Scripting Blog

A place to learn about PowerShell and share stories of automation

Use PowerShell and WMI or CIM to View and to Set Power Plans

Summary: Microsoft Scripting Guy, Ed Wilson, shows how to use Windows PowerShell and WMI or CIM cmdlets to view and to set power plans on his laptop. Microsoft Scripting Guy, Ed Wilson, is here. Tomorrow, the Scripting Wife and I are at the Microsoft Technology User Group in Oslo, Norway. I will be talking about using Windows PowerShell 3...

Hey, Scripting Guy! Quick-Hits Friday: The Scripting Guys Respond to a Bunch of Questions (03/20/09)

Troubleshooting an Active Directory HTA   Hey, Scripting Guy! I have created an HTML Application (HTA) to prompt a support person for their administrative ID and password and a computer name that they wish to delete from Active Directory. The script uses the alternate credentials to find the computer object alright, but does not use the ...

How Can I Start a Process and Then Log the User Off When That Process Ends?

Hey, Scripting Guy! How can I write a script that starts a process, waits until that process ends, and then logs the user off the computer?-- AG Hey, AG. You know, the Scripting Guy who writes this column is never one to brag, mainly because he never has much of anything to brag about. In addition tot that, however, he is a humble and ...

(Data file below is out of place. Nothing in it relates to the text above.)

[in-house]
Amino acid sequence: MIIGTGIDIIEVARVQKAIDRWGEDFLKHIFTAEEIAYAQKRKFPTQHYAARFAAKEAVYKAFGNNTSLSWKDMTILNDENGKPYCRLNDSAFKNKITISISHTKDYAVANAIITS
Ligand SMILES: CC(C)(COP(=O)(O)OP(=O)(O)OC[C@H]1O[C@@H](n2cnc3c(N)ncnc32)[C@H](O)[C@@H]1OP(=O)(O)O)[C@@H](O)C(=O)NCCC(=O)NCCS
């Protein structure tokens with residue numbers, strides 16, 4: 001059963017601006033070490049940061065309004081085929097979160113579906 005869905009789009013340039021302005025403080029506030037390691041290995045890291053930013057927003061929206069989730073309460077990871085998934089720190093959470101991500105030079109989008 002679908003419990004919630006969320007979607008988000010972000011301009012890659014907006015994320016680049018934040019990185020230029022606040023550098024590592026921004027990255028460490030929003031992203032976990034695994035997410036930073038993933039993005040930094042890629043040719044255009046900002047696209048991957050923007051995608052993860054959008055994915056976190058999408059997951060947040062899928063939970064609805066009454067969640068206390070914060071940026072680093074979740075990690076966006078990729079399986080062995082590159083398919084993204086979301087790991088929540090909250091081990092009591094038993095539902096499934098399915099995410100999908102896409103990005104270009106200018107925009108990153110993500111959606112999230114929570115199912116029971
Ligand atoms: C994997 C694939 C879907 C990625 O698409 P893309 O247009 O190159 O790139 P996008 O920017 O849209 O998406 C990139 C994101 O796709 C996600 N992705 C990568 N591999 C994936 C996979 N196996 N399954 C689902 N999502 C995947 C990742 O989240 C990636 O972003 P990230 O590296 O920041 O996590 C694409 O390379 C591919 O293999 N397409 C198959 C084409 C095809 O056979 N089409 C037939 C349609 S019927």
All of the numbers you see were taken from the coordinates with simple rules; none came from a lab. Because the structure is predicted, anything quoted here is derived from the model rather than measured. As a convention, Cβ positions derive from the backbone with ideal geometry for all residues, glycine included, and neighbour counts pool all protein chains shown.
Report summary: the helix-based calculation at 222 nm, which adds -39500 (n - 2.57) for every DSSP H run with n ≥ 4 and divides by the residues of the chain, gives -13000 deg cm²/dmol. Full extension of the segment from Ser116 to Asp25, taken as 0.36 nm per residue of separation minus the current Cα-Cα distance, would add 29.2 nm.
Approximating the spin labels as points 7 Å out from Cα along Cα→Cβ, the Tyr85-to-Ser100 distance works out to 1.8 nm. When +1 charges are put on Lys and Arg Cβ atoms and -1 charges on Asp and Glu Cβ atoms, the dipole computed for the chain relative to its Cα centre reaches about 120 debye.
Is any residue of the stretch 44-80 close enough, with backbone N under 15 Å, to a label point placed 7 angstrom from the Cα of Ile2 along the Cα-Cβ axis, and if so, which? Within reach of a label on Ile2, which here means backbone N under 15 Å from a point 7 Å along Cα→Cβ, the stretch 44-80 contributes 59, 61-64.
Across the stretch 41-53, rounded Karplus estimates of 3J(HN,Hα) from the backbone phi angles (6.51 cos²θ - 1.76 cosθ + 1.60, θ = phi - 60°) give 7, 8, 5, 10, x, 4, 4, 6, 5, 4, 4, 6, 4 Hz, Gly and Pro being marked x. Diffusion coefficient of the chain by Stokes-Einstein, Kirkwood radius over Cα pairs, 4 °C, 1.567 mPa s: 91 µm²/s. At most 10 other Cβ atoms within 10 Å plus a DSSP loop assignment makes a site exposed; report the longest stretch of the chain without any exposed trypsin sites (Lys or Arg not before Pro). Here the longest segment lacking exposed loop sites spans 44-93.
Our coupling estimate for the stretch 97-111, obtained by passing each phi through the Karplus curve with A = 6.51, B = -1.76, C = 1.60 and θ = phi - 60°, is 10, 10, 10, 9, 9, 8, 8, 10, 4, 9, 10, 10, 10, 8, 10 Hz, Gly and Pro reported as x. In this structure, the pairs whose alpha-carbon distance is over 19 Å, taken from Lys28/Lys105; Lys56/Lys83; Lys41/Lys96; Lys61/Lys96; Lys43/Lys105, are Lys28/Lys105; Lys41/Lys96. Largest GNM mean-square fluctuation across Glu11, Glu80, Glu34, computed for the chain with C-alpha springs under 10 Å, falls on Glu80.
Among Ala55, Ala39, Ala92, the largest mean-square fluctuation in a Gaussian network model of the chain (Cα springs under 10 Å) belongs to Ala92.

How Can I Configure the System Failure Options on a Windows Server 2003 Computer?

Hey, Scripting Guy! How can I configure the system failure options on a Windows Server 2003 computer? I’d like to configure the machine to do a small memory dump, and disable both the sending of an administrative alert and the automatic reboot.-- JS Hey, JS. You know, the Scripting Guys happen to all be in a good mood today, so we’re ...

How Can I List All the Items in the Run Key in the Registry?

Hey, Scripting Guy! How can I list all the items in the Run key in the registry?-- JW Hey, JW. How can you list all the items in the Run key in the registry? Well, to be honest, we’re not going to tell you. Nope, sorry. Not because we don’t like you, but because we think we have a better answer for you. (If we’re wrong, well, let’s ...

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